Discovery has been completed in this matter, namely depositions were taken of [Appellant], Christine Pollard of NBT Settlement Services and Jeannette O'Malley of NBT Settlement Services. [Appellee] filed the instant Motion for Summary Judgment, oral arguments were held and the matter is now ripe for decision.

(Trial Court Opinion, filed 1/08/13, at 3-4) (record citations and footnote omitted).[2] The trial court filed an order which granted Appellee's motion for summary judgment, and a supporting opinion. Appellant timely filed a notice of appeal.[3]

Appellant raises one question for our review:
A. Did the learned trial judge err in granting the motion of summary judgment of Appellee in specifically holding that Appellee owed no duty to Appellant, contrary to the finding of the Superior Court in its memorandum, dated March 26, 2009?

(Appellant's Brief, at 4).

Appellant argues that the trial court's grant of summary judgment was "[c]ontrary to the findings and conclusions of the Superior Court . . . that a duty did, in fact, exist." (Id. at 8). We disagree.

Our review on an appeal from the grant of a motion for summary judgment is well-settled. A reviewing court may disturb the order of the trial court only where it is established that the court committed an error of law or abused its discretion. As with all questions of law, our review is plenary.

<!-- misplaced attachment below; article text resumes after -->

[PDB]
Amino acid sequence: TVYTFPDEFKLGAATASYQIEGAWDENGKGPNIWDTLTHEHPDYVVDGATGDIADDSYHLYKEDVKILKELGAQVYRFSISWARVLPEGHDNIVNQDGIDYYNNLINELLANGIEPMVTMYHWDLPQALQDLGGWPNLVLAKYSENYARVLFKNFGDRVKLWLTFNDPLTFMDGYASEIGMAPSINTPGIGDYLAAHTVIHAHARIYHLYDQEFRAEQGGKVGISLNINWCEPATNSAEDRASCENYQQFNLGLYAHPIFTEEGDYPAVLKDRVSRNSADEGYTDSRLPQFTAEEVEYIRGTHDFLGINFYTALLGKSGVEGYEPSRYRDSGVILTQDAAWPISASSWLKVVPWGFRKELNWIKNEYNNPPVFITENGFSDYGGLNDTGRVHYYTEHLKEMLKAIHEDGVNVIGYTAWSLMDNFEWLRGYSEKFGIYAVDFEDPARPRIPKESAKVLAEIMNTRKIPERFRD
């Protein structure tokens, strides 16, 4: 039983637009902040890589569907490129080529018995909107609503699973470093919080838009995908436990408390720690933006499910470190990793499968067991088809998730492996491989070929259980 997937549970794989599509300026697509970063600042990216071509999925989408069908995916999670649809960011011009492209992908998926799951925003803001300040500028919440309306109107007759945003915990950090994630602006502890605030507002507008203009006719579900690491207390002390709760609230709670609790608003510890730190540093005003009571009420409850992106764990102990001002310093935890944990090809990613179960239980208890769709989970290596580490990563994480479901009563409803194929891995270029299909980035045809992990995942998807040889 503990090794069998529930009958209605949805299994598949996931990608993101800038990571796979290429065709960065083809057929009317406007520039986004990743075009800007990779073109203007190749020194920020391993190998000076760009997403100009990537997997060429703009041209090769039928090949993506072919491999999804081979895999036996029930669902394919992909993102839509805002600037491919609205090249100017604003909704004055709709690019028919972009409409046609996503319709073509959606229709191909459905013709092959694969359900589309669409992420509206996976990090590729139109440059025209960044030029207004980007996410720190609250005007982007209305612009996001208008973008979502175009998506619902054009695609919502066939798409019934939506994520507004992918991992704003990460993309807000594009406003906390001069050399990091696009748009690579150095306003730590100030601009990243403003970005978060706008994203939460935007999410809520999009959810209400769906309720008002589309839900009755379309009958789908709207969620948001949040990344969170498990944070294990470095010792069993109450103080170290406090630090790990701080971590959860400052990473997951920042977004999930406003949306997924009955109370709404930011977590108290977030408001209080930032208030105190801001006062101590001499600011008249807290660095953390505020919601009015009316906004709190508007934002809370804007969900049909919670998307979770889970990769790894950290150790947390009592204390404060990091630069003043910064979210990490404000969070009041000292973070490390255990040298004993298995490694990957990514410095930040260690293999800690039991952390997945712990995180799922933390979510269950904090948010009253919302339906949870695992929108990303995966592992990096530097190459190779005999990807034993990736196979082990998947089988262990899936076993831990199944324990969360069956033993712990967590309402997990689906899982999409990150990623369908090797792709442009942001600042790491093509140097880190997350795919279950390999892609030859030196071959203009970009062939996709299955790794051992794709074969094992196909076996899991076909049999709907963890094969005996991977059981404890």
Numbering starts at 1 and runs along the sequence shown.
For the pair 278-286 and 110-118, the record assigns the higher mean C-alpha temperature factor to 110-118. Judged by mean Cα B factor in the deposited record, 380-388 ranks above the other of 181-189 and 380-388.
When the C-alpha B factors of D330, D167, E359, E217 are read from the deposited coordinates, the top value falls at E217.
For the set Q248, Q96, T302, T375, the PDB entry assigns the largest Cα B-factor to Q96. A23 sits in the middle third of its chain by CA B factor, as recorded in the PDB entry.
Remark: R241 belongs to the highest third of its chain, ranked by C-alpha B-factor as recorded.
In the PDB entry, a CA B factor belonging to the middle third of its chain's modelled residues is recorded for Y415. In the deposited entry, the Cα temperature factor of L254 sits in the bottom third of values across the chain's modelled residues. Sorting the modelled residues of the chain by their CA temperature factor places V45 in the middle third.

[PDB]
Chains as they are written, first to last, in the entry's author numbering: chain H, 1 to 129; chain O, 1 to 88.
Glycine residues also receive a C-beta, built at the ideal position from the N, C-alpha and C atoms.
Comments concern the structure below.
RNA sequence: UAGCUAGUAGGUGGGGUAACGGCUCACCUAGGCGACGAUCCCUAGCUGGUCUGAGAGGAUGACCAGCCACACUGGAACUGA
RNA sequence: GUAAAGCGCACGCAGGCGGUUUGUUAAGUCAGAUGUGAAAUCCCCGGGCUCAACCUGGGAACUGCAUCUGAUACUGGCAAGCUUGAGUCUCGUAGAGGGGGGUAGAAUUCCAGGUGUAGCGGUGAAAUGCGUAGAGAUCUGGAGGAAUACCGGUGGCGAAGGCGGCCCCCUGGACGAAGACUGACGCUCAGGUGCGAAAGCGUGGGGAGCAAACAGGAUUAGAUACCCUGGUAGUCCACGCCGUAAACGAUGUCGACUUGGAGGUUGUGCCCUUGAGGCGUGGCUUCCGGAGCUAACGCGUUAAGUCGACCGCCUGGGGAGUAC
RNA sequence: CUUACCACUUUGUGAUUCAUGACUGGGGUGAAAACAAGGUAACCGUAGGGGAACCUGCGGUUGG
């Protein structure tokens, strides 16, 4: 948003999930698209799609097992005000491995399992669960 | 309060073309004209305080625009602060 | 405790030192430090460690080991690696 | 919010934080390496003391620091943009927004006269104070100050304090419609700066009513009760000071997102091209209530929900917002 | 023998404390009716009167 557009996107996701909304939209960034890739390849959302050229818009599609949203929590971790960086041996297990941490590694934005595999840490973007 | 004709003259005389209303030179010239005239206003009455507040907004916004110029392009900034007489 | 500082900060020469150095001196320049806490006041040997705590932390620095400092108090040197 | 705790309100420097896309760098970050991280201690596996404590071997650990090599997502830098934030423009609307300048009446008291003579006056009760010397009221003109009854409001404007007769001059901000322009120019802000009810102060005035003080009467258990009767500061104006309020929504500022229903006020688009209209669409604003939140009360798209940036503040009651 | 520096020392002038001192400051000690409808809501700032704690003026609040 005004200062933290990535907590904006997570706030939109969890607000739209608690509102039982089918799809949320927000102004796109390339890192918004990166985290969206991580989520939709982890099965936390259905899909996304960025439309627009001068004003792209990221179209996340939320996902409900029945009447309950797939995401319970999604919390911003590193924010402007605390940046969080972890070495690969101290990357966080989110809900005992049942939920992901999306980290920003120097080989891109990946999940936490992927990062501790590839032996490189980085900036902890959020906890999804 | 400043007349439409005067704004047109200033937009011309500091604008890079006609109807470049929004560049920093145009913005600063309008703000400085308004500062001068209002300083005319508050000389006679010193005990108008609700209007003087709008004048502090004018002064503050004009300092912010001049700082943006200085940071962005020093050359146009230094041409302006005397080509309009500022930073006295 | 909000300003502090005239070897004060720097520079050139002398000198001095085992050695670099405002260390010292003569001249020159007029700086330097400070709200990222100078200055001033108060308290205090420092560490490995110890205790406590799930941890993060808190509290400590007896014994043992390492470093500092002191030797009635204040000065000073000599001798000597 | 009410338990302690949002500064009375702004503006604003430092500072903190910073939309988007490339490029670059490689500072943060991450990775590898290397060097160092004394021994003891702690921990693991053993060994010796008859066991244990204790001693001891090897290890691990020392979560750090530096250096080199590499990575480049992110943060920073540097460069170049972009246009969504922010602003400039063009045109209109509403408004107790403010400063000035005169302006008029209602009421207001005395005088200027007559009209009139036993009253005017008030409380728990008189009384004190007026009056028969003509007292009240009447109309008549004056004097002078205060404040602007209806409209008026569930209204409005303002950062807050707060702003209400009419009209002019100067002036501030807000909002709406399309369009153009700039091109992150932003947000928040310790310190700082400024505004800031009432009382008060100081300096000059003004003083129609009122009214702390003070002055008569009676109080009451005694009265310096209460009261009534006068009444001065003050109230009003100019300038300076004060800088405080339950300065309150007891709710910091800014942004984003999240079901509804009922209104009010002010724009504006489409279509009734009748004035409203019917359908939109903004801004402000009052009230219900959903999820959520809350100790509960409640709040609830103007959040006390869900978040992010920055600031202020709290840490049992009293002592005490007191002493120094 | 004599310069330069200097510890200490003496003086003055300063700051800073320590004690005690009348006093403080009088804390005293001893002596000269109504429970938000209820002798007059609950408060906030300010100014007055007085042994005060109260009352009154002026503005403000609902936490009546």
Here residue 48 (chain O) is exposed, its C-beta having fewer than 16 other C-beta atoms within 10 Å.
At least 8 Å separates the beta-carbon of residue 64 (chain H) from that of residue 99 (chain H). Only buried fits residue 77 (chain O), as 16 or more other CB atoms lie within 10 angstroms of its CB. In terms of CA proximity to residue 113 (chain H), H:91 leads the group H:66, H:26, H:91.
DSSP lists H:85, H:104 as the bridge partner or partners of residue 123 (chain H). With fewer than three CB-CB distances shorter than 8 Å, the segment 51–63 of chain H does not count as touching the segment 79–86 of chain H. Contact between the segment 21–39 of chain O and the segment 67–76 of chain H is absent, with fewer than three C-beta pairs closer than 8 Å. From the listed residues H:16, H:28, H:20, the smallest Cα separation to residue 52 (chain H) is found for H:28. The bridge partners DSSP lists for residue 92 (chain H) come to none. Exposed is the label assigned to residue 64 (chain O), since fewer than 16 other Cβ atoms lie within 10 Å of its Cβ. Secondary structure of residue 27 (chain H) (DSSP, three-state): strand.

In evaluating the trial court's decision to enter summary judgment, we focus on the legal standard articulated in the summary judgment rule. Pa.R.C.P. 1035.2. The rule states that where there is no genuine issue of material fact and the moving party is entitled to relief as a matter of law, summary judgment may be entered. Where the non-moving party bears the burden of proof on an issue, he may not merely rely on his pleadings or answers in order to survive summary judgment. Failure of a non-moving party to adduce sufficient evidence on an issue essential to his case and on which it bears the burden of proof . . . . establishes the entitlement of the moving party to judgment as a matter of law. Lastly, we will view the record in the light most favorable to the non-moving party, and all doubts as to the existence of a genuine issue of material fact must be resolved against the moving party.

Murphy v. Duquesne Univ. of the Holy Ghost, 777 A.2d 418, 429 (Pa. 2001) (case citations and internal quotation marks omitted).

Whether a judge has correctly interpreted a writing and properly determined the legal duties which arise therefrom is a question of law for the appellate court. The legal effect or enforceability of a contract provision presents a question of law accorded full appellate review and is not limited to an abuse of discretion standard. A cornerstone principle of contract interpretation provides that where the words of the document are clear and unambiguous, we must give effect to the language.

Midwest Financial Acceptance Corp. v. Lopez, 2013 WL 4500036, *6 (Pa.Super. 2013) (citations and internal quotation marks omitted).

In this case, preliminarily, we observe that Appellant overstates the holding of our predecessor panel. Appellant argues that this Court found "that a duty did, in fact, exist." (Appellant's Brief, at 10). It did not.